The California Legislature considered dozens more potential laws Thursday, in a rush to finish before the end of the month.
Assembly: Child Prostitution And Rape Charges
The California Assembly has narrowly voted to decriminalize child prostitution after a half-hour of emotional debate.
The bill would still allow law enforcement to detain underage prostitutes under limited circumstances to protect a minor’s health or safety.
Democrat Mark Stone argued that this is the only way to break the cycle of prostitution and human trafficking of minors.
“All we’re doing, if we perpetuate current law, is saying you are not a victim--you’re a criminal,” Stone said.
“But if you take the tools away that are available to law enforcement now to get these girls out of this situation, you are not helping them--you are hurting them," Republican Melissa Melendez said.
The measure originally fell nine votes short in the Assembly Thursday, but eked through hours later by a single vote. It now returns to the Senate for final approval.
The Assembly also voted to eliminate the state's 10-year time limit to bring rape and child molestation charges, after the statute of limitations barred several women from bringing cases against actor Bill Cosby.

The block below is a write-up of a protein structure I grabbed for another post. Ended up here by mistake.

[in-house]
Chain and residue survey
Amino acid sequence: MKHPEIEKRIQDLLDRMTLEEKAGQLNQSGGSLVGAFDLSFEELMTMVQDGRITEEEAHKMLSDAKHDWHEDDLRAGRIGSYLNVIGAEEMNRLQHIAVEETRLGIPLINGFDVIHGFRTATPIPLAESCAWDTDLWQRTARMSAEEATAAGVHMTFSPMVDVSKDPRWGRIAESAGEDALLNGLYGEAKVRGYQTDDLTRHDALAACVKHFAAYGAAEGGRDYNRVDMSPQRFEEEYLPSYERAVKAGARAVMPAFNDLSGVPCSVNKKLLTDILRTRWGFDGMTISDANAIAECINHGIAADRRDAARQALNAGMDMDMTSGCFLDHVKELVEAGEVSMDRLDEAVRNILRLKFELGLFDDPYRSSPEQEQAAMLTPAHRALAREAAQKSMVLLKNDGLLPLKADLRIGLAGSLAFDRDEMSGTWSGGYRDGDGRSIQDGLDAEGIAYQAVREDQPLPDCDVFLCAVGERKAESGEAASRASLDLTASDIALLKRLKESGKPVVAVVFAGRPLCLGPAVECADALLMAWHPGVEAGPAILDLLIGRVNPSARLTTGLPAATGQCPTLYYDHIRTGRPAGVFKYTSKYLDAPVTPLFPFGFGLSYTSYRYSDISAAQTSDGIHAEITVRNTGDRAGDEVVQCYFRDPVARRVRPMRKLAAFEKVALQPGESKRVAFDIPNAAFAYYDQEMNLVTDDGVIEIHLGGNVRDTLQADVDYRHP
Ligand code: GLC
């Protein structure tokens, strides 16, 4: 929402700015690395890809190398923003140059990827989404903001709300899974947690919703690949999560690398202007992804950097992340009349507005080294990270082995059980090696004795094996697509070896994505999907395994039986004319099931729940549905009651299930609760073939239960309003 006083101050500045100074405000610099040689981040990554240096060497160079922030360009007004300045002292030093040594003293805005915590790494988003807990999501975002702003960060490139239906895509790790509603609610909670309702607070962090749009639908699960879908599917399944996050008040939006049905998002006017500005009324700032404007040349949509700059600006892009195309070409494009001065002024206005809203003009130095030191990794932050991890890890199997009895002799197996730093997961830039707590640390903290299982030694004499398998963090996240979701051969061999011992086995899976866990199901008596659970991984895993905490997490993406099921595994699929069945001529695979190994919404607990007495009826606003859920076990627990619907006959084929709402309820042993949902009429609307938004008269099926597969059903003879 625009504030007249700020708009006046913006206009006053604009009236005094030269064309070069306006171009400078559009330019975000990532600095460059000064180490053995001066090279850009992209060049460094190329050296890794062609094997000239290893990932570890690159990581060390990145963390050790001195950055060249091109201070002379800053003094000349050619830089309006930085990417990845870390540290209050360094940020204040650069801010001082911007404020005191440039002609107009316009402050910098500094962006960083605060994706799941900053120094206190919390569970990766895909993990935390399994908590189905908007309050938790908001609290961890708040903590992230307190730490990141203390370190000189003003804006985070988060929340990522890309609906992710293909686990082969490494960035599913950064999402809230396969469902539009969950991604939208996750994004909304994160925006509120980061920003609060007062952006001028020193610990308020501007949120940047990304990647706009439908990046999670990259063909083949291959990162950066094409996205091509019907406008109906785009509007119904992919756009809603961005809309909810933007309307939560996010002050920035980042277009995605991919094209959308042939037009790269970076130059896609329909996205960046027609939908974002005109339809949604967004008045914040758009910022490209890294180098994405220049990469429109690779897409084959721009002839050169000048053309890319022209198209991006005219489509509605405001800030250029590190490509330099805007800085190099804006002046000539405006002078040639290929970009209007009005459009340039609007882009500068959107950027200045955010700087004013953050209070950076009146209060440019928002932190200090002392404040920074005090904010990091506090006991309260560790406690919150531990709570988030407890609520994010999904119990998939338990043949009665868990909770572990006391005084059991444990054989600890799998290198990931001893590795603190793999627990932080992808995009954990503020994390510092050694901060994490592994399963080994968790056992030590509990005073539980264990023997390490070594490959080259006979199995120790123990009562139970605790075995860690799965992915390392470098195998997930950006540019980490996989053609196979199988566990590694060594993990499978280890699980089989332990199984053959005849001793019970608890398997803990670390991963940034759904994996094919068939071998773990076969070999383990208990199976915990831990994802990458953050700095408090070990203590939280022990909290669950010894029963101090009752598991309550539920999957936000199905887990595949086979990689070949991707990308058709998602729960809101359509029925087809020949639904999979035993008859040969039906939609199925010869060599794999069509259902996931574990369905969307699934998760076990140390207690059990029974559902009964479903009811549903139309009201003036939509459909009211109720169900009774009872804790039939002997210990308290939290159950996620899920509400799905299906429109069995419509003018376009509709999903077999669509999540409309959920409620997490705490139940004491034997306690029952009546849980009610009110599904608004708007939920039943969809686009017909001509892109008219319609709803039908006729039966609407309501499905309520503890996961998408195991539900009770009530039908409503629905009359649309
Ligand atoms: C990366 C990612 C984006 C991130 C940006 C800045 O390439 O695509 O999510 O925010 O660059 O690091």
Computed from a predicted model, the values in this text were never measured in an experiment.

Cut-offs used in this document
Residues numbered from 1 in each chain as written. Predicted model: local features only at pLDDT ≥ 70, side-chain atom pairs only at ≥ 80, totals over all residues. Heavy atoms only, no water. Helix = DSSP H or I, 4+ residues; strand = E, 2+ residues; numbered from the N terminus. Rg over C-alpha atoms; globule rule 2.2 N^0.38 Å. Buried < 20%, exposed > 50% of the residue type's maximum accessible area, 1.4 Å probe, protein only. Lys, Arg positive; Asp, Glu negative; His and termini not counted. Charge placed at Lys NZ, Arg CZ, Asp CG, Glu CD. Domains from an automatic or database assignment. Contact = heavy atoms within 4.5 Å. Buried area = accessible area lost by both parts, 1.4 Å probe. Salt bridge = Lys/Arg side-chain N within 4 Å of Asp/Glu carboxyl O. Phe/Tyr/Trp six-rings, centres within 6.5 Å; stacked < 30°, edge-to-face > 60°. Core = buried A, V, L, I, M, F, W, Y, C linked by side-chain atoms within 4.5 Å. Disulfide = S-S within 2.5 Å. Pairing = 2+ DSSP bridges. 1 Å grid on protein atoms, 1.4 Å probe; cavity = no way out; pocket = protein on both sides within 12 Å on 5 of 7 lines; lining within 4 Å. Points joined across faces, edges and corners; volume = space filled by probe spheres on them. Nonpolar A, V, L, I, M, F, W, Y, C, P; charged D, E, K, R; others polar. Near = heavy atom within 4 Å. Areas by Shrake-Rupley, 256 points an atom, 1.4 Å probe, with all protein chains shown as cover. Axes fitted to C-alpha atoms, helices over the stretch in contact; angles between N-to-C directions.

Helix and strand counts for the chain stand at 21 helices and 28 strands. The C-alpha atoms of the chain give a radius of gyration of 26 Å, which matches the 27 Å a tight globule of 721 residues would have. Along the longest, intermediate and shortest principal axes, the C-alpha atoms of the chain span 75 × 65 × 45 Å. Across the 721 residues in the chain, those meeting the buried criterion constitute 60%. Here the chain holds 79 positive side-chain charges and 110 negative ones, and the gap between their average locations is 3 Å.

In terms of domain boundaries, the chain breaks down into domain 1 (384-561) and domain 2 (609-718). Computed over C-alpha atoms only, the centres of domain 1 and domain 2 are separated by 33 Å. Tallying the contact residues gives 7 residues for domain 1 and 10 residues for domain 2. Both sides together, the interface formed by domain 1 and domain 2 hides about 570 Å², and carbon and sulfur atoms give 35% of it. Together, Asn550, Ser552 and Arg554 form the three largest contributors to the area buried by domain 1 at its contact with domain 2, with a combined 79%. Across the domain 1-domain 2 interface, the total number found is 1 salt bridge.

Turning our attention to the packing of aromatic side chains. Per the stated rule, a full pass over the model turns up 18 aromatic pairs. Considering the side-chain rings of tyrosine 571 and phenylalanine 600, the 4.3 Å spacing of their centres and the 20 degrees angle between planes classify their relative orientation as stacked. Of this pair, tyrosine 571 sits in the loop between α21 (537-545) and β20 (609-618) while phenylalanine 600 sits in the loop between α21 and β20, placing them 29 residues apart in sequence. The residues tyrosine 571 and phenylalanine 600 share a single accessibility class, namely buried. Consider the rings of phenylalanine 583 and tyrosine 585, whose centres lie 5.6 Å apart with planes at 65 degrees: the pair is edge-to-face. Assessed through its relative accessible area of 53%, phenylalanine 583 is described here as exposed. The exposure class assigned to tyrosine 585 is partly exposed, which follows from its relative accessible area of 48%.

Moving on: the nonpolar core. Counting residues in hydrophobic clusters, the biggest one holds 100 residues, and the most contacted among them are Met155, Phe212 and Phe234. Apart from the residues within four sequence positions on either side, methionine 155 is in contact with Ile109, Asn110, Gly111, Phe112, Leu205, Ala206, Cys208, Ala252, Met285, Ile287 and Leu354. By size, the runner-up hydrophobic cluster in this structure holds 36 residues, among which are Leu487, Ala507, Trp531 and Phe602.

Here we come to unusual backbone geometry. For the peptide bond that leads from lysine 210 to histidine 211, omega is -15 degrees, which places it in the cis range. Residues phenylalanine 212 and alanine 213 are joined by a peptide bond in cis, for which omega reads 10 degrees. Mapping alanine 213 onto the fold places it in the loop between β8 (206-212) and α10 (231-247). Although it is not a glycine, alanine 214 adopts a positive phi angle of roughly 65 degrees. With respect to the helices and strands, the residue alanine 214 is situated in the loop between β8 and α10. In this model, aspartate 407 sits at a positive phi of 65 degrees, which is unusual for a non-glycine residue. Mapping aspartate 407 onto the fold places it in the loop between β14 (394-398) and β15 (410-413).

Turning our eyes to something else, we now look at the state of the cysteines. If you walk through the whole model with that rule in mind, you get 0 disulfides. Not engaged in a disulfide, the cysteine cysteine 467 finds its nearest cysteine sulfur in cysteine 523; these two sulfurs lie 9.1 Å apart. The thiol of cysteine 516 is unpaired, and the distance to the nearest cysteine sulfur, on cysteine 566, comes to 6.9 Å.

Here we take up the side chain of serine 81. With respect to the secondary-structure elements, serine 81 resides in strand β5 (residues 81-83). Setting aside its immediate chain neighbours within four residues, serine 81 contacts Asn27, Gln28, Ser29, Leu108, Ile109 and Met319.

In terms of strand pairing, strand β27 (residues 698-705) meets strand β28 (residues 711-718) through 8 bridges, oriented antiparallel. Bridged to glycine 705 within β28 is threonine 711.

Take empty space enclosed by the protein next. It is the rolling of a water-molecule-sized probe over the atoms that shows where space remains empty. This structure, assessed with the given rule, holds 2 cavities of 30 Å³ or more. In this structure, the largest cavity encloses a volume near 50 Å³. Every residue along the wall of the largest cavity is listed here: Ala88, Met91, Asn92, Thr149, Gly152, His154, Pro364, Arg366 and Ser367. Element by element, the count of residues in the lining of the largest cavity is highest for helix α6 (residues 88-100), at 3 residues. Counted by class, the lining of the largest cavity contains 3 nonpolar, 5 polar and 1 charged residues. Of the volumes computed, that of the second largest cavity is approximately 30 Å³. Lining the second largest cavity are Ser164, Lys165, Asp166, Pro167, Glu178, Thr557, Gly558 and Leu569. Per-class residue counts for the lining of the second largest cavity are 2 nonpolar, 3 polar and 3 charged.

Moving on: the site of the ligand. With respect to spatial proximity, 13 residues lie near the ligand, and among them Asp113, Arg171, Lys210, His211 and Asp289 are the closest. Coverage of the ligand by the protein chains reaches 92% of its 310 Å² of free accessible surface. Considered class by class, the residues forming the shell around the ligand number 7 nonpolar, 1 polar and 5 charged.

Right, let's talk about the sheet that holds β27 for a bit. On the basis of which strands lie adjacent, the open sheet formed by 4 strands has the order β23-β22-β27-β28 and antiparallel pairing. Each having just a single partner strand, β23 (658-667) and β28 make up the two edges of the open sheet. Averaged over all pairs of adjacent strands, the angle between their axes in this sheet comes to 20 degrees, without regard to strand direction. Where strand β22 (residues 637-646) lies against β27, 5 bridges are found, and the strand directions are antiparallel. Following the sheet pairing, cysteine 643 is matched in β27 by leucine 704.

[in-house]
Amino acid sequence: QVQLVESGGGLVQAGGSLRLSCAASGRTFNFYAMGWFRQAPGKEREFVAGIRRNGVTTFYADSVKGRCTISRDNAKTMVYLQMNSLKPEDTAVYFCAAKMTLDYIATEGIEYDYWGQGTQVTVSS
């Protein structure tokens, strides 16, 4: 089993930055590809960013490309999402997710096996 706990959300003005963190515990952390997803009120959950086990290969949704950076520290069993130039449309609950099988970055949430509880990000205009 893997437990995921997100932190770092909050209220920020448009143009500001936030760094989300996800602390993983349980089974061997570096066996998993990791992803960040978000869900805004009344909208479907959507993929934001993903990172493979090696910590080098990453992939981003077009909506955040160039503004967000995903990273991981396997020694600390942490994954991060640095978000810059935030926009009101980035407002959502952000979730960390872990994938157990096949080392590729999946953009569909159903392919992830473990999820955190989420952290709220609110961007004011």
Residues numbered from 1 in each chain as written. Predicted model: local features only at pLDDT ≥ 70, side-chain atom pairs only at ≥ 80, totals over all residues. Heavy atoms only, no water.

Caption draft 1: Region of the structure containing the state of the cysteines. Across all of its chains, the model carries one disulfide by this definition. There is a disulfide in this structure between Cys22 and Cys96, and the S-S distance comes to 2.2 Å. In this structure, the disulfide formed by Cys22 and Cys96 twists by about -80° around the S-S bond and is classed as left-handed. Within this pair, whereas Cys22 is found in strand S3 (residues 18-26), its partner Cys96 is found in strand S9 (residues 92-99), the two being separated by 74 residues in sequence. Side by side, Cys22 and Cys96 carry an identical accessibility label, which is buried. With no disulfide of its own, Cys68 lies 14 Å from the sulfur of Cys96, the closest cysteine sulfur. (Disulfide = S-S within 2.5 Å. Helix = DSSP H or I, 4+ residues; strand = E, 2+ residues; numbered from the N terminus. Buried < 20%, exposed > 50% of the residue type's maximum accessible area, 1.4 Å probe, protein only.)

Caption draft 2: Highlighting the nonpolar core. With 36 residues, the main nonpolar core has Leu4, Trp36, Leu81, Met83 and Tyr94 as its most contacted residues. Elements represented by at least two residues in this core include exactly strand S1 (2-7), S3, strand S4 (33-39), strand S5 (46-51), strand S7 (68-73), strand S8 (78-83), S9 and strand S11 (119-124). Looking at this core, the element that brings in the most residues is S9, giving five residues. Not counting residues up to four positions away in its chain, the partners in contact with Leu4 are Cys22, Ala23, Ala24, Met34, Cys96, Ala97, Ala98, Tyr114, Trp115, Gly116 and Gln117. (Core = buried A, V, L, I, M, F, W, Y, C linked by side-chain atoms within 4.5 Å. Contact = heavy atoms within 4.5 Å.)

Senate: CPR, Tampons And Bathrooms
Tampons and other menstrual products would no longer be subject to the sales tax in California under a bill advancing through the state Legislature.
Before the vote in the state Senate Thursday, Democratic Senator Hannah-Beth Jackson called it an unfair charge on women.
"Every month for about 40 years of our lives, give or take, we are taxed for our biology. For being born a woman. And this is a gender injustice," said Jackson.
The state typically exempts “necessities” from the sales tax. Wednesday, the Senate voted to exempt diapers.
The Assembly has one more vote to send the measure to Governor Jerry Brown. If he signs it, the bill would go into effect in January and sunset in five years.
The Senate also voted to make CPR training mandatory in most high schools.
"It is a commonsense measure that would put more life-savers in the community, year after year," said Democratic Senator Jerry Hill.
High schools that require a health class for graduation would have to teach hands-only CPR.
The bill does not provide more funding for schools, although state analysts estimate it could cost districts and charter schools around the state millions of dollars to implement.
The measure moves back to the state Assembly for a final vote.
Another bill passed by the state Senate requires businesses to make single-occupancy bathrooms available to all genders. The law would go into effect next March and also apply to government and public buildings.